Right to buy council house







Quote Of The day:


“Cuts in benefits are an unjust attack on the poor. Cuts concentrated on Housing Benefit are already breaking up families, communities and support networks”.


My thoughts on right to buy council house:

I can remember Council Housing during the 1970s-80s under a Conservative Government they actively encouraged tenants to purchase their homes from the council as a way forward to owing their property.

Former British Prime Minister Margaret Thatcher

Former British Prime Minister Margaret Thatcher


Some will say great idea but there is a downside to it which is both Conservatives and Labour failed to rebuild more council housing to replace the stocks that they sold off.  Lets move to 2013 what do we see what is happening there is a shortage of council housing all over the UK.
There are council tenants who are living in tower blocks which are due to be demolished the council housing department has an added problems of re-housing the tenants.

Now this beings me to the point of Defend Council Housing they pointed out at Labour Party Conference unless a Labour Government start to build more housing not only be a national crisis the private housing rent will sky-rocket and one size does not fit all.

My message to this coalition is to invest more money to build affordable and rentable housing and stop using the Bedroom Tax.


See article below:


More than 2,000 tenants took up the government’s Right to Buy discount scheme for social housing in England during the last three months of 2012.


This represents a near-doubling of the figure for the previous three months.


Under the coalition’s extended Right to Buy programme, launched last year, tenants get discounts of up to £75,000.


Ministers say this will help reinvigorate the market but opponents argue it will reduce rental stock for people on low incomes.


Altogether, 2,009 households took up the scheme from October to December last year, up from 1,041 in July to September.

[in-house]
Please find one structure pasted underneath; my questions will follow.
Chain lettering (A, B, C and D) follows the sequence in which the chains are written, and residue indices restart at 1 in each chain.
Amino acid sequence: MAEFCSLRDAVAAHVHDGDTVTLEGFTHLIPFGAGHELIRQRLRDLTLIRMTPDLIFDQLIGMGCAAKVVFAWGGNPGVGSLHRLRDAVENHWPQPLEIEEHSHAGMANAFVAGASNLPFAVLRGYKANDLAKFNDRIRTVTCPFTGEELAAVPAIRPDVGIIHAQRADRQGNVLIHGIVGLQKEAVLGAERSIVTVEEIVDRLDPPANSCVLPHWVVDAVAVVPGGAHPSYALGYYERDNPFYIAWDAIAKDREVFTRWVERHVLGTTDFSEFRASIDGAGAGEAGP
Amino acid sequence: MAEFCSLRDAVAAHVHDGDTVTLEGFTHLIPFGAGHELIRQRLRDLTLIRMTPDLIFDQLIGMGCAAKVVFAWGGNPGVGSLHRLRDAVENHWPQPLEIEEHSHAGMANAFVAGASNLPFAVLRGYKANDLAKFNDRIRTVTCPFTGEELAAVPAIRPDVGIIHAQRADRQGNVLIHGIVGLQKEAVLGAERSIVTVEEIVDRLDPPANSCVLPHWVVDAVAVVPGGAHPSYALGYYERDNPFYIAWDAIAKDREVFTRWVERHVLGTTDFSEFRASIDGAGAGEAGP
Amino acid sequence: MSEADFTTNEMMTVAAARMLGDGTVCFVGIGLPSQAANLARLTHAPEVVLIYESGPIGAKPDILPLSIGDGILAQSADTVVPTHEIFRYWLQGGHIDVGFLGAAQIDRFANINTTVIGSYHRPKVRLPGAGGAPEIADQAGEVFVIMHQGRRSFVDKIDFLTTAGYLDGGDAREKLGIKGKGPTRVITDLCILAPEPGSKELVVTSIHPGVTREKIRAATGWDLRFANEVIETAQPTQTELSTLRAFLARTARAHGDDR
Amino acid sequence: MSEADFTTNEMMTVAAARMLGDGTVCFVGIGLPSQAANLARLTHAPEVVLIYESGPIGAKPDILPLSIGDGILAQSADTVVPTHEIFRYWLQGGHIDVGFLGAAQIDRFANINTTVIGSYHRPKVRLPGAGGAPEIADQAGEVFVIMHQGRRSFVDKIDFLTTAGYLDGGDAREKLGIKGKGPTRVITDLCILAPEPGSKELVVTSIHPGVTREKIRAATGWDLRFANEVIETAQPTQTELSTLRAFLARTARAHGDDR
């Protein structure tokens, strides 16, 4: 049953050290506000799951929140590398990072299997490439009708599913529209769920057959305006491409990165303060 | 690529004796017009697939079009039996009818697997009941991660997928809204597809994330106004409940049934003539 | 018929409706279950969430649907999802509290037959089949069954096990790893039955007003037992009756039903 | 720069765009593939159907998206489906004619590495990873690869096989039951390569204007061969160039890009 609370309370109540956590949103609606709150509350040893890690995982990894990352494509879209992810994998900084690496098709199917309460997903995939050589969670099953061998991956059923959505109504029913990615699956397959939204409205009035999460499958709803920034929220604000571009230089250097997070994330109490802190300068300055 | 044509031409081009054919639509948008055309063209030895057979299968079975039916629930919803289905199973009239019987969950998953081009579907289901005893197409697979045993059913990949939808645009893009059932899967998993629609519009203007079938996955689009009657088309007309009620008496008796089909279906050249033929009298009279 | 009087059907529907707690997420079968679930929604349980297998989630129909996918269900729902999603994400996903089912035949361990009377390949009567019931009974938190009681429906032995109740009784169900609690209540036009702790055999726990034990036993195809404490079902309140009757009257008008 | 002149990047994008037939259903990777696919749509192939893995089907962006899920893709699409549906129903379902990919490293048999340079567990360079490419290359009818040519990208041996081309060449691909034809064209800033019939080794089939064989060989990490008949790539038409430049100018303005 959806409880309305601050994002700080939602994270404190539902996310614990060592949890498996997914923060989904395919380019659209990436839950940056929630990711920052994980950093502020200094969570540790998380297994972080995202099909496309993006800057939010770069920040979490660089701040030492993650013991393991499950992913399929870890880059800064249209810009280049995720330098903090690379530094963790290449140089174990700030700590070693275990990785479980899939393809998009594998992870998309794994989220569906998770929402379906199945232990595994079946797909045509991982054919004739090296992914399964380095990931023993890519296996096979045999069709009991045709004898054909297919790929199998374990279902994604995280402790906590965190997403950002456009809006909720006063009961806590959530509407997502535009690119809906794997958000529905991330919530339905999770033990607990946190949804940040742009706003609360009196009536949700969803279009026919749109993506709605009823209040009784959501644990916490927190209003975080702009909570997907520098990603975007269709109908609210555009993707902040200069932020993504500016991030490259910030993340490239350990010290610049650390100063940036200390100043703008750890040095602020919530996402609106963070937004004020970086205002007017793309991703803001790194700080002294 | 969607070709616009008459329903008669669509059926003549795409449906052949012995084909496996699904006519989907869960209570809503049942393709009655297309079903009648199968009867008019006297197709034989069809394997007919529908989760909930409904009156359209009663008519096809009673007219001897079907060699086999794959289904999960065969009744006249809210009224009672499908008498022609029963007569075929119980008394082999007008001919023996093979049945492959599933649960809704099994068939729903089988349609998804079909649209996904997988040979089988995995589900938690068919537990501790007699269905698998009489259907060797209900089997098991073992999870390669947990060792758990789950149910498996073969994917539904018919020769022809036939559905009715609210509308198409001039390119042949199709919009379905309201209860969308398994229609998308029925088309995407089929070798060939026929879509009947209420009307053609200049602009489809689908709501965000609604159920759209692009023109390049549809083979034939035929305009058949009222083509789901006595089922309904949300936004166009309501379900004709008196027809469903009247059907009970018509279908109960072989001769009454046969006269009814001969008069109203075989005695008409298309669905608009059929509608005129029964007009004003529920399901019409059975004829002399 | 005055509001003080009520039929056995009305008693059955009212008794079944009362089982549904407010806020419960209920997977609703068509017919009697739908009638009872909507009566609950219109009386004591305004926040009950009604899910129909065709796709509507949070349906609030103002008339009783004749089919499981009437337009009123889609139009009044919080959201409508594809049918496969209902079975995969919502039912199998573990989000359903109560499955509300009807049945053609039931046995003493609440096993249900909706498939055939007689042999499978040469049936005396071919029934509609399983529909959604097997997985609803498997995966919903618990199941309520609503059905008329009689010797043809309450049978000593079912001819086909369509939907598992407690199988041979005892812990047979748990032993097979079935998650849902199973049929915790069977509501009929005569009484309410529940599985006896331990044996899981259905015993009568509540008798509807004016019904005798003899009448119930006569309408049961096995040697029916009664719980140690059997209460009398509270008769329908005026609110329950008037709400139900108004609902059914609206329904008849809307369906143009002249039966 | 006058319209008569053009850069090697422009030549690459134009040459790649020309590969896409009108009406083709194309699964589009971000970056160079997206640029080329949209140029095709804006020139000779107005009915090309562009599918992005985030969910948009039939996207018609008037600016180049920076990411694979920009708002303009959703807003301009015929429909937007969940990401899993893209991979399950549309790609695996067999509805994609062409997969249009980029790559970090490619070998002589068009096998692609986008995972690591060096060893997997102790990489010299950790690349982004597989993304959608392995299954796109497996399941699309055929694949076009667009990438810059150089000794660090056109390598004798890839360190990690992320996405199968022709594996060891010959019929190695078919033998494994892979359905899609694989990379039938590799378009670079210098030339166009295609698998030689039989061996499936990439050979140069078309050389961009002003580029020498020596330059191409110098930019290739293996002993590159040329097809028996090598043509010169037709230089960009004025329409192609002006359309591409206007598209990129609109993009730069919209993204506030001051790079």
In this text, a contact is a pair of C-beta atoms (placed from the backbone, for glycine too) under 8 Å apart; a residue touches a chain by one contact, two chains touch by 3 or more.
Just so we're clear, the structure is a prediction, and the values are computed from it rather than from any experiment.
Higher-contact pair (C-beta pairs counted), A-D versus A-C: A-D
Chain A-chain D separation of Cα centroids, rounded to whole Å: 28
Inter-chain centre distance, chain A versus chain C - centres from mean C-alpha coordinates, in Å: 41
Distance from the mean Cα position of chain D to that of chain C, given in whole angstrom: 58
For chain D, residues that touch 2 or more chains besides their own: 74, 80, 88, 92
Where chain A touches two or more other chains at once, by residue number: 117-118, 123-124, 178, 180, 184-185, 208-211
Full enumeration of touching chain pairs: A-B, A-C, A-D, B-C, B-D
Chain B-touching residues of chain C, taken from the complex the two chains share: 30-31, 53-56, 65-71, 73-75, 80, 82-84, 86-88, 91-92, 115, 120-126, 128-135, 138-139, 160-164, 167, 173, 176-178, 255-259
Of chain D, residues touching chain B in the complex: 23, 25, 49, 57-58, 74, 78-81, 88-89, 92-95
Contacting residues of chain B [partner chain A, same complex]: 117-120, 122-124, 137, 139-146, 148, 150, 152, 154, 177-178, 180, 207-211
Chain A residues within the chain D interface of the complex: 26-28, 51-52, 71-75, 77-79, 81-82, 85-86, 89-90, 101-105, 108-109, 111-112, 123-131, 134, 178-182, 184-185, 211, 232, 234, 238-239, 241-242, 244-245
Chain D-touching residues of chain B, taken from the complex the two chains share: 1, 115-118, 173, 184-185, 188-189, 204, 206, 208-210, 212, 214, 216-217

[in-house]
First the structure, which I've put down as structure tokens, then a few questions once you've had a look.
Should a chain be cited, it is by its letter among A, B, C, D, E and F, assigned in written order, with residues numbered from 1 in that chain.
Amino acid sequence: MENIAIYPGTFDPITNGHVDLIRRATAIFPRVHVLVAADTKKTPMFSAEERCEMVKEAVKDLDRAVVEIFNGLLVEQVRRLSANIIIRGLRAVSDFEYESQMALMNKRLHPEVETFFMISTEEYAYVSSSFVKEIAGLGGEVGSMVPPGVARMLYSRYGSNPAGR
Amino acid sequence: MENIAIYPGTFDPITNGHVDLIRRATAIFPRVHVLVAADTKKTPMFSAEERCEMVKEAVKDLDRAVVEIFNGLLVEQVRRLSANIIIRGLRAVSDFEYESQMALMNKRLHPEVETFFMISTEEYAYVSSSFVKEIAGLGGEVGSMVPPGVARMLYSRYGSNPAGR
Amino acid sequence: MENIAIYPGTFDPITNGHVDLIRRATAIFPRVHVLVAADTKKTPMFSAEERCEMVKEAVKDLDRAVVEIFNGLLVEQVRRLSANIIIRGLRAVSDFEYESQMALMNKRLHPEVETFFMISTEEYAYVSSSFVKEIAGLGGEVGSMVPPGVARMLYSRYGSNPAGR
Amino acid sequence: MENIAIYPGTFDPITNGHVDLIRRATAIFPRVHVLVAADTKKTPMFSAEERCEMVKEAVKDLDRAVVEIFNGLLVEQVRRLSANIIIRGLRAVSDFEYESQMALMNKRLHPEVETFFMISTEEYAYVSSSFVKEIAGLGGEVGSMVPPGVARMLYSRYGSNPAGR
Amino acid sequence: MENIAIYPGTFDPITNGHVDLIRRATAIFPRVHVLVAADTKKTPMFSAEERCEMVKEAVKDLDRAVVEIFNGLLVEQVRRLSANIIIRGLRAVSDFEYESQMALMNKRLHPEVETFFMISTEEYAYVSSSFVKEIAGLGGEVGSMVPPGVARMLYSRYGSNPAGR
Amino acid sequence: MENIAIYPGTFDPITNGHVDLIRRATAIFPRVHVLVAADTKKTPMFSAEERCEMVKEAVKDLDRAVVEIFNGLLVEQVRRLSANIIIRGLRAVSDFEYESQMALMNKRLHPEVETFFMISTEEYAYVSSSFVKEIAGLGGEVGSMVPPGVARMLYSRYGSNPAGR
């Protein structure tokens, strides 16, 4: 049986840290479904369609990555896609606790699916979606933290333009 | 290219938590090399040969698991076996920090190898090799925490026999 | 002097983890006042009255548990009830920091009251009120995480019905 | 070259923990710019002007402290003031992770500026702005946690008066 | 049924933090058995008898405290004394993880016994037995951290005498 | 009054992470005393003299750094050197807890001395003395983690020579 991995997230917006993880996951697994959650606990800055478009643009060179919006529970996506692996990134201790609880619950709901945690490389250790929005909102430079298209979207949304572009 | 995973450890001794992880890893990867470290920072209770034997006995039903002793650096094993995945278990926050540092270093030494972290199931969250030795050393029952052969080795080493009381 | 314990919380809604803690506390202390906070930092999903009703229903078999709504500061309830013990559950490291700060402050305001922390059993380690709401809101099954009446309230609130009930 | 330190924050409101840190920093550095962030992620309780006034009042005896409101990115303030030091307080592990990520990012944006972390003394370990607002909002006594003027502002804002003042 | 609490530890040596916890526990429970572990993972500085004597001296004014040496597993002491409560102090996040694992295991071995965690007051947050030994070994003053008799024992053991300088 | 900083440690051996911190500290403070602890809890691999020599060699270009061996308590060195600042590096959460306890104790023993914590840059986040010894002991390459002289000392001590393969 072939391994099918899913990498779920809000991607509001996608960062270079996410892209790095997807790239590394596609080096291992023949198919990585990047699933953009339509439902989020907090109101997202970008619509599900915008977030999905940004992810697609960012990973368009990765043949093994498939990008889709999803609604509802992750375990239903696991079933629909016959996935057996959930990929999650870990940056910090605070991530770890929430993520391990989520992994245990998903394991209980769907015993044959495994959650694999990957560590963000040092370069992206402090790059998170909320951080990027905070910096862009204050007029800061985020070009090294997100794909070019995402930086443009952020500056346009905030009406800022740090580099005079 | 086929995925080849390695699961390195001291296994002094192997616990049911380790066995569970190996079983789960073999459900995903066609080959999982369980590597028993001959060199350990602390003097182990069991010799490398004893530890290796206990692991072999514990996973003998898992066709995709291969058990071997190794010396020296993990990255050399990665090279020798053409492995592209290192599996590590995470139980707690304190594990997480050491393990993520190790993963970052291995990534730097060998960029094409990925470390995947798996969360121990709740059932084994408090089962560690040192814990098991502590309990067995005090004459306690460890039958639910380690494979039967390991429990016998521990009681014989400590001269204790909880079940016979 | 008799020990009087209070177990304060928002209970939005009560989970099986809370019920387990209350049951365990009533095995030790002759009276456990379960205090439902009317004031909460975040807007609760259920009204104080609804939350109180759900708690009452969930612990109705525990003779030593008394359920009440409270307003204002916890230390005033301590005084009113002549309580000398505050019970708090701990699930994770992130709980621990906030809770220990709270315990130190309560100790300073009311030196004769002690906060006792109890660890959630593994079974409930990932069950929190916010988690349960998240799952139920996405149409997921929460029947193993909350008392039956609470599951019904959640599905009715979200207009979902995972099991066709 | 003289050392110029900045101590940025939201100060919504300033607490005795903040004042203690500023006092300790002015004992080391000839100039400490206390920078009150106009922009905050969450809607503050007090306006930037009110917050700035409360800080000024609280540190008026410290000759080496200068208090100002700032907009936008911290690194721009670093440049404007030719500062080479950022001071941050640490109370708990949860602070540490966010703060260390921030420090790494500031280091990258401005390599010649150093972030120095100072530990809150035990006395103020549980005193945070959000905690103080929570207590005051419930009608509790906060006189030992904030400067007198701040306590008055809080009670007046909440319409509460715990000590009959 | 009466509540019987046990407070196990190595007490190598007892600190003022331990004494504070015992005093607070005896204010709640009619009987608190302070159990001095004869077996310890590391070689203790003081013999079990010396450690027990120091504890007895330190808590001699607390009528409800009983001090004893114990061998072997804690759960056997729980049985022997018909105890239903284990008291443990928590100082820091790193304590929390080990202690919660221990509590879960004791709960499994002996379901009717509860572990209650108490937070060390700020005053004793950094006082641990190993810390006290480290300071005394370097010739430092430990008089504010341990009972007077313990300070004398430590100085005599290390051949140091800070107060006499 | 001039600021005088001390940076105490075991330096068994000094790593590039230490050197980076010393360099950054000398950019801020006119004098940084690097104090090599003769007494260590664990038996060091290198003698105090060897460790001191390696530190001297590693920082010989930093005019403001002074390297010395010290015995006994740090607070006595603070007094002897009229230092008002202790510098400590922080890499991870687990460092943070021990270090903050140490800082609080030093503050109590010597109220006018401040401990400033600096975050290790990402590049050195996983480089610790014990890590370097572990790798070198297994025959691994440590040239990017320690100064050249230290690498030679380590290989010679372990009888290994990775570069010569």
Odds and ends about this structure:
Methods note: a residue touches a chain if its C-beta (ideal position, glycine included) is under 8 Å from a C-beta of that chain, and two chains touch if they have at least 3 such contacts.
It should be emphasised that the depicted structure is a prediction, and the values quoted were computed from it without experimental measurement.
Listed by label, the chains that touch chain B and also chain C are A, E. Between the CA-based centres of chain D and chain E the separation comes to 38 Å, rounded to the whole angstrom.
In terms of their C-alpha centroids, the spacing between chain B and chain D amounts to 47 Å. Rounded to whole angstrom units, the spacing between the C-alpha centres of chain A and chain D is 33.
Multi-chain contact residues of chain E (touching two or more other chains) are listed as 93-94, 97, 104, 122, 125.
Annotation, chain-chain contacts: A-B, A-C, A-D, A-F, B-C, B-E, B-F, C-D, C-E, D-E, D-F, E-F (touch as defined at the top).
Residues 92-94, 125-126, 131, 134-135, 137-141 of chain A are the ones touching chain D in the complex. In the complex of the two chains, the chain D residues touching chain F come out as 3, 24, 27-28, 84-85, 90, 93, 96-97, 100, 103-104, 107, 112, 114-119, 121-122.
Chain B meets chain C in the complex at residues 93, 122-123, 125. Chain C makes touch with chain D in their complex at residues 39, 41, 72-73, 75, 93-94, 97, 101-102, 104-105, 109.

The figure for April to June – the first period under the new scheme – saw 443 sales, the Department for Communities and Local Government said.


Right to Buy first started under Margaret Thatcher’s Conservative government, but take-up dwindled as the discounts offered failed to keep pace with the rate of property price inflation.


In 2010 the government launched a consultation on “re-invigorating” the right to buy and the £75,000 discount, introduced last year, represents a quadrupling of the previous discount cap in London and a trebling in most parts of Britain.


The scheme now offers discounts of up to 60% for the value of a house and 70% for a flat. These apply to people who have been council or social housing tenants for at least five years.


Housing minister Mark Prisk said Right to Buy had “opened the door to home ownership for thousands of tenants across the country”.


“I’m delighted to see so many taking up this opportunity,” he added.


“But from the 200,000 visitors on our website, to the councils that report to me the surge they’ve seen in applications, I know there are many more that want to follow in their footsteps.”


He urged tenants interested in buying their home to get in touch with their council or visit the Right to Buy website.


However, opponents say selling properties will reduce the rental housing stock available for those on low incomes.



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